Trotter’s initial treatment—a warm bath and medicine—was ineffective. When he inspected the man’s mouth, he noticed that his gums were “spongy” and “bleeding,” his back teeth were loose and his breath was “extremely disagreeable.” Once he noticed these symptoms, he was convinced that the man was suffering from scurvy.
By April 1784, three months after the ship had departed from Africa, seven to eight people had died. Trotter reported that the number of enslaved Africans with scurvy continued to escalate. Of the roughly 600 enslaved Africans who arrived in the Caribbean, Trotter diagnosed 300 of them as having some degree of scurvy.
Decades earlier, in the 1740s, the Royal Navy surgeon James Lind had demonstrated that consuming oranges and lemons could cure scurvy, but the treatment was contested at the time. Trotter, who had limited experience in treating the disease, noticed the enslaved Africans, like other scorbutic patients he had observed, displayed a strong desire for acidic foods. Through an experiment, Trotter found that those who ate ripe guavas did not improve, while those who consumed limes or green guavas “were almost well.“
Once the ship arrived in Antigua, and then when it stopped in St. John, Trotter procured fresh vegetables and fruits to feed those who had scurvy. Once the enslaved Africans began to eat citrus fruit, their symptoms quickly dissipated and their health improved.
In 1786, after returning from his voyage, Trotter published Observations on the Scurvy in London; a revised edition appeared in 1792. In the book, Trotter not only used his observations of enslaved Africans to corroborate Lind’s theory, but he also disputed alternative theories and discussed factors that increased susceptibility to the disease.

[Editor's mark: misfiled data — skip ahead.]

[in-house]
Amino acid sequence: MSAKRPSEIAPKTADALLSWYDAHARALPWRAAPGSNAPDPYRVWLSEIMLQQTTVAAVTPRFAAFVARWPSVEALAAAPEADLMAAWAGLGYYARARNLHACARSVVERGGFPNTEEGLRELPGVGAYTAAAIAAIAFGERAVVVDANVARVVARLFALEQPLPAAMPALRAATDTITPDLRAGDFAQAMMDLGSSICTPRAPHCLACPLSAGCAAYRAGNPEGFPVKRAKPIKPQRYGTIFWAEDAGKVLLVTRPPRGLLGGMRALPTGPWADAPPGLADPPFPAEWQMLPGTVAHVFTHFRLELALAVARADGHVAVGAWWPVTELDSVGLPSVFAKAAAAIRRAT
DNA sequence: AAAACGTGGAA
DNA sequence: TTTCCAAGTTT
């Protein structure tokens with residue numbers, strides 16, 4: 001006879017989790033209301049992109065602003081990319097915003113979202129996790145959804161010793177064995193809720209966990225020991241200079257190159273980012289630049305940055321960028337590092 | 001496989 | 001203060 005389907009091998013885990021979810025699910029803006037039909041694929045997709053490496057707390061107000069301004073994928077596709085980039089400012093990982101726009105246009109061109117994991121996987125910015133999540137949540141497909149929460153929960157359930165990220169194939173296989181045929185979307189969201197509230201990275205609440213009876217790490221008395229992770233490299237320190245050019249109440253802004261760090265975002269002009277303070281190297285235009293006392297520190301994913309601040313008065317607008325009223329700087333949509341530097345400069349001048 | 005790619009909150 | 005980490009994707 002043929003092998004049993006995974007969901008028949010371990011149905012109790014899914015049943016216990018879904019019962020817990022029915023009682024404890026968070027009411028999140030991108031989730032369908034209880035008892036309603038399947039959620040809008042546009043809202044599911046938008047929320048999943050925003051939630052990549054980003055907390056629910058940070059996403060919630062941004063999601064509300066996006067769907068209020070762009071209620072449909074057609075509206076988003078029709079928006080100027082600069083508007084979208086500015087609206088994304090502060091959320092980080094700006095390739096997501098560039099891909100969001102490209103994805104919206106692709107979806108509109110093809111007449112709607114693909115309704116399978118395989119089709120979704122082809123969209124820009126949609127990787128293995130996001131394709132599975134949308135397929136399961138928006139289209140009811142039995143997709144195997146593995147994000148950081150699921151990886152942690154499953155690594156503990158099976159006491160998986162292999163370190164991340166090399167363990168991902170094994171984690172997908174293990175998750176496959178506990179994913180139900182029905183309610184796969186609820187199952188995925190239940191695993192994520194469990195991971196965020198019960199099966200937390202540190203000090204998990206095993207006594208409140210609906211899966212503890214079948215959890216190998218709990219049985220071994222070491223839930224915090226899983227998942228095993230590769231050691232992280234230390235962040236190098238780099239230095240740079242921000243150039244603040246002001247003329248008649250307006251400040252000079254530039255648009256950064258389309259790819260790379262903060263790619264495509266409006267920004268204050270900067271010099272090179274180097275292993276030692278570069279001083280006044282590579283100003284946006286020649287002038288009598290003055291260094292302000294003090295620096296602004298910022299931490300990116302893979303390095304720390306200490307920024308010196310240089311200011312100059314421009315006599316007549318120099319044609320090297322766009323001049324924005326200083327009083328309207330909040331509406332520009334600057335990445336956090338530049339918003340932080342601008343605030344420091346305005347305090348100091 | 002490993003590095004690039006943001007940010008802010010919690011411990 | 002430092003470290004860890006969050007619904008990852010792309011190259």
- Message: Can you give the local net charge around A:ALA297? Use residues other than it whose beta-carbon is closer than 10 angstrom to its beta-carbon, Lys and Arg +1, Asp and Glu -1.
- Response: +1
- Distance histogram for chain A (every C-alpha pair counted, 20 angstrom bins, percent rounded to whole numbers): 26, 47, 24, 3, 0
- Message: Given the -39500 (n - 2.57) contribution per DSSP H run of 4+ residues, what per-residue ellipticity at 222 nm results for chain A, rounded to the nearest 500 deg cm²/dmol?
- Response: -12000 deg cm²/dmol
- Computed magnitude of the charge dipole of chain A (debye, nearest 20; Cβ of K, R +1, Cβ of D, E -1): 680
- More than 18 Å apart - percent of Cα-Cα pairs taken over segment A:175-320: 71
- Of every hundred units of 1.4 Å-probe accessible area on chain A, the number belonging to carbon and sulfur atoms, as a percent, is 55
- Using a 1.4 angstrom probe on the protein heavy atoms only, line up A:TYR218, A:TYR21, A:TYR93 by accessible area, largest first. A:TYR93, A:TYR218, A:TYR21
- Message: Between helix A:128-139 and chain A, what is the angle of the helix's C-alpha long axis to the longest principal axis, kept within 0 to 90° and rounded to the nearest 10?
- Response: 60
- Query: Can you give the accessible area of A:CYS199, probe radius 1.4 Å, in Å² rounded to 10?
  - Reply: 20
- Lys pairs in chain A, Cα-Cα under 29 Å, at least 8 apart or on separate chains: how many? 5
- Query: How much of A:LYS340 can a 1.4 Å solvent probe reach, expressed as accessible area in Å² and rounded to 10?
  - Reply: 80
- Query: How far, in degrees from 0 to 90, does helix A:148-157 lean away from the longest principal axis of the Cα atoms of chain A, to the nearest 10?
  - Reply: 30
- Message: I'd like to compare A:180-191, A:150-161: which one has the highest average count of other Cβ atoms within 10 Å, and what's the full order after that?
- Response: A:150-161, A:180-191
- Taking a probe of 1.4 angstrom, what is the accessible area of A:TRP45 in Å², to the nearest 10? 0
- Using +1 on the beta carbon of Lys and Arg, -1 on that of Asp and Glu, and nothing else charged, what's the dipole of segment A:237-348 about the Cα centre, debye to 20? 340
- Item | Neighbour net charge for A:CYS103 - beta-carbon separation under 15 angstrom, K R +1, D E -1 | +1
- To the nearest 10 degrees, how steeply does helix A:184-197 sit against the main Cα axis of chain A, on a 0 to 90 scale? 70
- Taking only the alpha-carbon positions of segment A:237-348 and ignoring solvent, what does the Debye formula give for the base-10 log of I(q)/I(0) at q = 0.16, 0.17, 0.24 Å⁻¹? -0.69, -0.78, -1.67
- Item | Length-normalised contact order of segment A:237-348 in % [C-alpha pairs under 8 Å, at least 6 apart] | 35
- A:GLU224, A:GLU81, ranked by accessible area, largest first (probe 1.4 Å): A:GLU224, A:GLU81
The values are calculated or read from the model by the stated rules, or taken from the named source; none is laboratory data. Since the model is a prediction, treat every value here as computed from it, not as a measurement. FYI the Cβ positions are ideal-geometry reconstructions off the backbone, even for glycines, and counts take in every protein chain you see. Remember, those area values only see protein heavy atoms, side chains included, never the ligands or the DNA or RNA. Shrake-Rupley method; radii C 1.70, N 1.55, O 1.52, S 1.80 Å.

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The field of epidemiology, however, is not simply about the methods innovated by even the most sophisticated medical practitioners. It’s a field that studies, in clinical terms, “populations” but, in more colloquial terms, people. Imperialism and the transatlantic slave trade depended on the violent subjugation of people. There are many history books that have powerfully detailed these horrors but this form of violence also has indelibly informed the advancement of science. Our efforts to control the pandemic were not invented by scientists at the World Health Organization or even by doctors two centuries ago in Europe and the United Kingdom. Instead, the tools to control the pandemic began when doctors observed the spread of infectious disease among enslaved and colonized people.
At the heart of epidemiology is a history of violence and conquest. Imperialism and the transatlantic slave trade depended on the violent use of power to assert authority over people in a particular setting in order to understand how diseases spread.
The names of the anonymous people who doctors studied have been mostly lost, not seen as a vital part of this larger scientific transformation, despite the fact that their sickness and often death led to the creation of epidemiology. The conditions in which these people suffered also reveals a key aspect about epidemiological practice: that new insights about the spread of epidemics happen on the ground in real time and cannot be simply imagined or even predicted as part of a thought experiment. History urges us to remember that at the center of epidemiology are people who are suffering.
Jim Downs, is the Gilder Lehrman-National Endowment for the Humanities Professor of Civil War Studies and History at Gettysburg College, and author of the forthcoming book, Maladies of Empire: How Colonialism, Slavery, and War Transformed Medicine, available Sept. 7 from the Harvard University Press.